In this paper, we describe the current state of EPO and how it is related to other ontologies relevant for the epidemiological domain. We also explain how EPO is being used to annotate epidemiological resources in a platform for epidemiological resource sharing, where it supports data querying and integration, and provide examples of how it could also be used for annotation of other databases and literature. The current version of EPO has 190 classes, of which 118 are newly created and 33 are imported from two relevant OBO foundry candidate ontologies, IDO and TRANS. EPO uses the Basic Formal Ontology (BFO) [14] as an upper ontology, and IAO [15] as a source of annotation properties, further supporting its interoperability with other OBO foundry ontologies and candidate ontologies. We have submitted EPO to the OBO Foundry [16], as well as to the BioPortal site of the National Center for Biomedical Ontologies (NCBO) [17]. EPO is freely available at



We used the Dictionary of Epidemiology (DoE) [1] in the creation the EPO. The Dictionary of Epidemiology is a well-established reference that captures the nomenclature commonly used in epidemiology. Most class labels, synonyms and definitions in EPO correspond to dictionary entries or sub-entries.

In the current version of EPO, we have focused our modeling activity in three major areas: demographic parameters, epidemiological parameters and transmission of infection.

Although some resources contain a few demographic parameters, such as MeSH [18] and NCI Thesaurus [19], we have found that the majority of such parameters are not represented in hierarchical vocabularies or ontologies. Likewise, the coverage for epidemiological parameters was also quite sparse. However, there are several resources that model transmission of infection, including the Pathogen Transmission Ontology (TRANS) with 25 classes fully dedicated to transmission of infection, the Host Pathogen Interaction Ontology [20], Influenza Ontology [21] and NCI Thesaurus. Nevertheless, TRANS models transmission of infection types only, and it does so in a different fashion from the DoE, with a different hierarchical organization and definitions. Consequently, we chose to include classes for transmission of infection in EPO in accordance with the entries in the DoE. Whenever an equivalent class was present in TRANS we imported it, but used the label and definition from the DoE as editor preferred label and definition, which resulted in reusing 14 TRANS classes, for a total of 21 transmission of infection types modeled in EPO. These classes are organized in single inheritance, in up to five levels, increasing the granularity level given by TRANS by two levels, but also widening its scope by including classes for the participants in the transmission of infection process. These include classes imported from IDO as well as EPO-specific classes, which are linked to their respective transmission type via participates_in relations (see Figure 1. for a relevant portion of EPO).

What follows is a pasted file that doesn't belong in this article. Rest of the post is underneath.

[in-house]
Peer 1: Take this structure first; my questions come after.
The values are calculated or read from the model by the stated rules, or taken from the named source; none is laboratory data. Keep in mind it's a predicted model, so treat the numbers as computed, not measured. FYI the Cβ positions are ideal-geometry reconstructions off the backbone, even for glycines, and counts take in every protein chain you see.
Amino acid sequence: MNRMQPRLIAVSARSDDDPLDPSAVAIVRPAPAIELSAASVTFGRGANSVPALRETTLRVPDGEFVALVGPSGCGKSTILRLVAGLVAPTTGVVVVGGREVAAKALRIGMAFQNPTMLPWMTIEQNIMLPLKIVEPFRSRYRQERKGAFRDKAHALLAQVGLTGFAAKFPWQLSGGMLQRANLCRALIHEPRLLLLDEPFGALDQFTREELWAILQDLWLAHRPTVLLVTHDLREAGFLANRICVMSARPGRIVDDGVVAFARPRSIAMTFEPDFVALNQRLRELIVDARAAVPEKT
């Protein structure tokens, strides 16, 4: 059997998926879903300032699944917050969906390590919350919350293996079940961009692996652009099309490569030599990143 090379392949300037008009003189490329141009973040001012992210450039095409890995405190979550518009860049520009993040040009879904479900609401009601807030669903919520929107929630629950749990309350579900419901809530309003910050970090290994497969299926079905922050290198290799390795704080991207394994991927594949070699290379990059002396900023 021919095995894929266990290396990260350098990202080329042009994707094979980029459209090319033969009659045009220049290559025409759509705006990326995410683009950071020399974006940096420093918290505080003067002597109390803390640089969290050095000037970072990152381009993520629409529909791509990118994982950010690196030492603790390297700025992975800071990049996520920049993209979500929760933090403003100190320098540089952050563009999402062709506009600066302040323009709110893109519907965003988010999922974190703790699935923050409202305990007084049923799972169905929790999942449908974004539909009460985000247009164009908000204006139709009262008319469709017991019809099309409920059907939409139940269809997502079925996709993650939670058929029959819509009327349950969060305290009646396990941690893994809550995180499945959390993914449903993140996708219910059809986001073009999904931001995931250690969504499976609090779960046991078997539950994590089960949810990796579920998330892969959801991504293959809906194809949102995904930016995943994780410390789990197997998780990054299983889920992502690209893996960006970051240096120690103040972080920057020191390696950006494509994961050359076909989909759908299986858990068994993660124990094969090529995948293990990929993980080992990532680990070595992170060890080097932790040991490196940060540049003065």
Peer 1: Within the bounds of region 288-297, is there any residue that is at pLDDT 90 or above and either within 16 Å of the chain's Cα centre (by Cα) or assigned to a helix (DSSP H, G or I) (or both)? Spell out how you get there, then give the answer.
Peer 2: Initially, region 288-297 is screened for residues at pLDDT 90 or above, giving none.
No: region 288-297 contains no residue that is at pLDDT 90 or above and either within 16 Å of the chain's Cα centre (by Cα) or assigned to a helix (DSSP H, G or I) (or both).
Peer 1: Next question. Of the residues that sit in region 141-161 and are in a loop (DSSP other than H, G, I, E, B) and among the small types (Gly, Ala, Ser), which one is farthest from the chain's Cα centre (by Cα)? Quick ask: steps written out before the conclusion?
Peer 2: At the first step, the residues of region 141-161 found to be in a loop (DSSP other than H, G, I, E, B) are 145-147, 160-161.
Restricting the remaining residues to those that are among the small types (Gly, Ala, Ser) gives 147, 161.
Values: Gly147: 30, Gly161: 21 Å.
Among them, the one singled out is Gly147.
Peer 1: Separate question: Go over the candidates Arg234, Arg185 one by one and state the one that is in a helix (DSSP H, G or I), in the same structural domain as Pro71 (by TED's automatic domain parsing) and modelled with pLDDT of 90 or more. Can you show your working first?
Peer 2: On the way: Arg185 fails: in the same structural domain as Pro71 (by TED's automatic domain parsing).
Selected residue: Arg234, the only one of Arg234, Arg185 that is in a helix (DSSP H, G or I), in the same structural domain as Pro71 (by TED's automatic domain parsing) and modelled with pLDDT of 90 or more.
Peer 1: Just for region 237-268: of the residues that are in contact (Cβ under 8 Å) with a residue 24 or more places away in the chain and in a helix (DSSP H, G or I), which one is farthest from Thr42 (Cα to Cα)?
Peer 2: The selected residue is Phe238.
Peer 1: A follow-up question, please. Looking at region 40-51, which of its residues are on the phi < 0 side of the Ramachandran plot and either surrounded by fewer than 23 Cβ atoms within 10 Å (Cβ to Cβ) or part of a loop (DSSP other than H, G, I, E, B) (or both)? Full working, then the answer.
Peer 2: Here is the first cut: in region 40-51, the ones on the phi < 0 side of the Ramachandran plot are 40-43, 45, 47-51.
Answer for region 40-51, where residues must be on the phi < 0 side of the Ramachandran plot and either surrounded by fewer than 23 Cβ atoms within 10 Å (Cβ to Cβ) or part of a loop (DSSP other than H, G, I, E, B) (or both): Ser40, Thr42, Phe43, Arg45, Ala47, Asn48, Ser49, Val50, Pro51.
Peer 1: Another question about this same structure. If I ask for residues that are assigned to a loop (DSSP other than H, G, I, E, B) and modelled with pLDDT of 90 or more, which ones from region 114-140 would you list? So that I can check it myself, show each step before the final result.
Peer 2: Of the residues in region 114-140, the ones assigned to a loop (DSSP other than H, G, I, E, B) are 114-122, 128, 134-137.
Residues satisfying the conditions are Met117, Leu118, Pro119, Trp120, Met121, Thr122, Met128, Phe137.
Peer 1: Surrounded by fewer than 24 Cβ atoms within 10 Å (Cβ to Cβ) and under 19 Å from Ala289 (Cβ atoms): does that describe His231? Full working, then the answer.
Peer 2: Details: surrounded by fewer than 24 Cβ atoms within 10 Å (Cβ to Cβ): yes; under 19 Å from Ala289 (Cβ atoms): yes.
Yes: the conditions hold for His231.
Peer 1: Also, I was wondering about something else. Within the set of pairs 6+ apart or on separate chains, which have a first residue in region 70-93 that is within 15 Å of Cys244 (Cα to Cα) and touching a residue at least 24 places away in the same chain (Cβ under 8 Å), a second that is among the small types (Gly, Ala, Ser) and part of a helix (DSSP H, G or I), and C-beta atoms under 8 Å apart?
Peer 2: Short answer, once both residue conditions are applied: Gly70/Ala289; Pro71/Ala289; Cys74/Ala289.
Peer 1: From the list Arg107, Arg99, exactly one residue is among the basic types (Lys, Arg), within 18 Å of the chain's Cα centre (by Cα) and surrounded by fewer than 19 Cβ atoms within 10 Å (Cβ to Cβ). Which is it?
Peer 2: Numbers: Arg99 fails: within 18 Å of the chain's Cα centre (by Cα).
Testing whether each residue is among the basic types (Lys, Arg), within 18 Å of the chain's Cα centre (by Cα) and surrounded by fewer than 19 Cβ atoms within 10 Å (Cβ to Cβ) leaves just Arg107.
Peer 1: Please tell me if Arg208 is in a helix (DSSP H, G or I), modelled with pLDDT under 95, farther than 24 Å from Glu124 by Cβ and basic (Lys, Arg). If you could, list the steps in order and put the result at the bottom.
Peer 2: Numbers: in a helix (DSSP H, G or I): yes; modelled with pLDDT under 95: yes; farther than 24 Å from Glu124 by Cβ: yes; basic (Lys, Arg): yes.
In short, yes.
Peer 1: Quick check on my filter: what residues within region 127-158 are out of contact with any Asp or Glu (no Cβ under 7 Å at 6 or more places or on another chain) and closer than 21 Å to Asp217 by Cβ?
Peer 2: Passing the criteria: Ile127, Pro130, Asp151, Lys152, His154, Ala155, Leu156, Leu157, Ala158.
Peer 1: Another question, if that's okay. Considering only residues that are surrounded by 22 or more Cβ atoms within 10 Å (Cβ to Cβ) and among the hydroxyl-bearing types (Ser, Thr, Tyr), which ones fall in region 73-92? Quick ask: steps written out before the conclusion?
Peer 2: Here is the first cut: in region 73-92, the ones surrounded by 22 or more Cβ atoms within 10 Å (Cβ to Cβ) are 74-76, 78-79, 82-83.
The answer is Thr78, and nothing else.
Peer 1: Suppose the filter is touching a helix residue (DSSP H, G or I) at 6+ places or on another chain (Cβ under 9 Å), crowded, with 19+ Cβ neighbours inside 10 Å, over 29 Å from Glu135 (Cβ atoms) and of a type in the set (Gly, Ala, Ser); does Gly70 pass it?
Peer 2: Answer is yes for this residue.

Figure 1

A representative portion of EPO. This diagram represents a portion of EPO and how EPO classes are related to each other and to other ontologies classes. Unlabeled arrows represent subclass relationships, and labeled arrows represent relations imported from RO. The ontology for each class is identified by its prefix.

Furthermore, EPO also contains 17 classes dedicated to transmission of infection-related processes, such as isolation, containment and eradication, to name a few. These classes are particularly relevant for the description of public health procedures and their impact on epidemic events. Their articulation with transmission of infection types in describing epidemiological resources will allow the elucidation of the relations between these procedures and the mode of transmission.

In the demographic and epidemiological parameters branches we currently have 36 and 21 classes, respectively. These are organized in a multiple inheritance structure, with classes being both subclasses of either ‘demography parameter’ or ‘epidemiology parameter’ , as well as of their specific parameter type, like ‘rate’. To the best of our knowledge, there were no suitable ontologies from which to import classes in these areas, since the very few terms that exist are poorly defined and structured. However, we have included cross-references to relevant external resources, including the NCI Thesaurus, MeSH and SNOMED-CT [22]. One relevant aspect of these classes is that they allow the description of simulation experiments and models, which are increasingly being used by the epidemiology community, even during outbreaks and epidemics, to help understand the events and design response strategies. Annotations with EPO-defined parameters can directly support the reuse and meta-analysis of simulation results and models.

Tables 1 and 2 summarize the statistics on specific, imported and cross-referenced classes and properties.
Table 1

Statistics of EPO specific and imported classes and properties


Number of classes or properties

Epidemiology Ontology (EPO)


Infectious Disease Ontology (IDO)


Pathogen Transmission Ontology (TRANS)


Basic Formal Ontology (BFO)


Relation Ontology (RO)


Information Artifact Ontology (IAO)




Phenotypic Quality Ontology (PATO)




Table 2

Statistics on EPO cross-references


Number of cross-references





NCI Thesaurus













EPO currently covers three main branches: transmission mode, epidemiological parameters and demographic parameters. The transmission mode branch is highly interconnected with other ontologies, reusing many classes from IDO and TRANS. A snippet of this branch is depicted in Figure 1.

The epidemiological and demographic parameters branches are, however, entirely composed of EPO classes. Figure 2 illustrates a portion of these branches, with their core classes and a few example subclasses, whose textual definitions are given in Table 3. Please note the potentially ambiguous classes ‘net reproduction rate’ and ‘net reproductive rate’ , the former a demographic parameter and the latter an epidemiological one, which illustrate the relevance of describing both parameter types in EPO. Figure 3 depicts the annotation of sentences extracted from scientific articles on epidemiology with EPO classes from the epidemiological and demographic parameters branches.